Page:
|Wong, Gregory - BAYLOR COLLEGE OF MEDICINE|
|Shulman, Robert - CHILDREN'S NUTRITION RESEARCH CENTER (CNRC)|
|Malary, Hoda - BAYLOR COLLEGE OF MEDICINE|
|Czyzewski, Danita - BAYLOR COLLEGE OF MEDICINE|
|Seghers, Victor - BAYLOR COLLEGE OF MEDICINE|
|Thompson, Deborah - Debbe|
|Chumpitazi, Bruno - BAYLOR COLLEGE OF MEDICINE|
Submitted to: Journal of Pediatrics
Publication Type: Peer Reviewed Journal
Publication Acceptance Date: 2/27/2014
Publication Date: 7/1/2014
Citation: Wong, G.K., Shulman, R.J., Malary, H.M., Czyzewski, D., Seghers, V.J., Thompson, D., Chumpitazi, B.P. 2014. Relationship of gastrointestinal symptoms and psychosocial distress to gastric retention in children. Journal of Pediatrics. 165:85-91.
Interpretive Summary: Some people have stomachs that empty very slowly. Very slow stomach emptying in adults can cause nausea, vomiting, and belly pain. Whether this is true for children is not known. Slow stomach emptying may be caused by viruses, diabetes, or unknown reasons. In adults, certain types of psychological distress also can slow stomach emptying. It is not known if this is true for children. The purpose of this study was to find out if children with slow stomach emptying have different symptoms (for example, nausea and belly pain) than do children without slow stomach emptying. We also wanted to know whether psychological distress is related to stomach emptying problems. We discovered that children without slow stomach emptying can experience the same kind and severity of symptoms as do children with slow stomach emptying. However, in children with slow stomach emptying, the slower the emptying, the more likely they are to wake up at night with symptoms. Psychological distress was not different between children with or without slow stomach emptying. Our results show us that symptoms alone will not tell us which children do or do not have problems with stomach emptying.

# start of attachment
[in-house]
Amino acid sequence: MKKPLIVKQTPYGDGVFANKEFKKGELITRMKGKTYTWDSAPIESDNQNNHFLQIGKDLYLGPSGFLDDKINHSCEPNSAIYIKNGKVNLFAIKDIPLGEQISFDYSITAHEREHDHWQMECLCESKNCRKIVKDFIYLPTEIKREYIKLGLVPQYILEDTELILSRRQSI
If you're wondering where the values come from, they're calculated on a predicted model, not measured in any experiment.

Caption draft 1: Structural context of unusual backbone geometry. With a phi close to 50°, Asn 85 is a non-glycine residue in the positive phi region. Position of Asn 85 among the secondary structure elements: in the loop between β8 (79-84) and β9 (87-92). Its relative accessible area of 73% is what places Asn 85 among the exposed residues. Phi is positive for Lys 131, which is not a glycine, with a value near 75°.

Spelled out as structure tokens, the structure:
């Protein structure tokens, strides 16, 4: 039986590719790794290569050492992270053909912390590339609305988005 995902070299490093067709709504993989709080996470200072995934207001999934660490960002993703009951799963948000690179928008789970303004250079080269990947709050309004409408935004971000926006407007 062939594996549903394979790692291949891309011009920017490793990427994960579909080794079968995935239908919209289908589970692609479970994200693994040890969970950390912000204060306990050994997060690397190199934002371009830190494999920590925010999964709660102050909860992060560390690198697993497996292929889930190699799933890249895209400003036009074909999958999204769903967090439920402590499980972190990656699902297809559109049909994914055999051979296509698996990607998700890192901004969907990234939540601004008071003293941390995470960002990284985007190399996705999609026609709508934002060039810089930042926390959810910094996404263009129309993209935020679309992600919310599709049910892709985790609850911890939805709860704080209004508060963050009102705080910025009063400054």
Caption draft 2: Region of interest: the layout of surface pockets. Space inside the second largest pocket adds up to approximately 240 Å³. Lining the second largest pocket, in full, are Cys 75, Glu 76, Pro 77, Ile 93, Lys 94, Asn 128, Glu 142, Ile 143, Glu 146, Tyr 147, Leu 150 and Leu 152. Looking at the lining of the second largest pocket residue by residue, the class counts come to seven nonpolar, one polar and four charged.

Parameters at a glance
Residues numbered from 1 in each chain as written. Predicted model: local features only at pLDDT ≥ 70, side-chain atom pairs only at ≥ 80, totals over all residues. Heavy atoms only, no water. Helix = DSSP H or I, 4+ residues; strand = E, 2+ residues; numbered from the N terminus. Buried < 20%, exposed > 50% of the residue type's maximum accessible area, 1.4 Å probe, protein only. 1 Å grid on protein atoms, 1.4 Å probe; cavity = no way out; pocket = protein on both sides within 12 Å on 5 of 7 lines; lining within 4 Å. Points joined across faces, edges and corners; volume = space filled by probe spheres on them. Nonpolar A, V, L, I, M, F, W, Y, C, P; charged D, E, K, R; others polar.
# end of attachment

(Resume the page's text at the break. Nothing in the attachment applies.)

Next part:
Technical Abstract: Our objective was to determine whether gastrointestinal (GI) symptoms (abdominal pain, non-pain GI symptoms, nausea) and/or psychosocial distress differ between children with/without gastroparesis and whether the severity of GI symptoms and/or psychosocial distress is related to the degree of gastroparesis. Children aged 7-18 years (N = 100; 63 female patients) undergoing a 4-hour gastric emptying scin-tigraphy study completed questionnaires evaluating GI symptoms, anxiety, and somatization for this prospective study. Spearman correlation, Mann-Whitney,t-test,and x2 tests were used as appropriate for statistical analysis. Children with gastroparesis (n = 25) were younger than those with normal emptying (12.6 +/- 3.5 vs 14.3 +/- 2.6 years, P = .01). Because questionnaire responses from 7- to 10-year-old children were inconsistent, only patient-reported symptoms from 11- to 18-year-olds were used. Within this older group (n = 83), children with gastroparesis (n = 17) did not differ from children with normal emptying in severity of GI symptoms or psychosocial distress. In children with gastroparesis, gastric retention at 4 hours was related inversely to vomiting (r =0.506, P = .038), nausea (r = 0.536, P = .019), difficulty finishing a meal (r = 0.582, P =.014), and Children's Somatization Inventory score (r = 0.544, P = .024) and positively correlated with frequency of waking from sleep with symptoms (r = 0.551, P = .022). The severity of GI symptoms and psychosocial distress do not differ between children with/without gastroparesis who are undergoing gastric emptying scintigraphy. In those with gastroparesis, gastric retention appears to be inversely related to dyspeptic symptoms and somatization and positively related to waking from sleep with symptoms.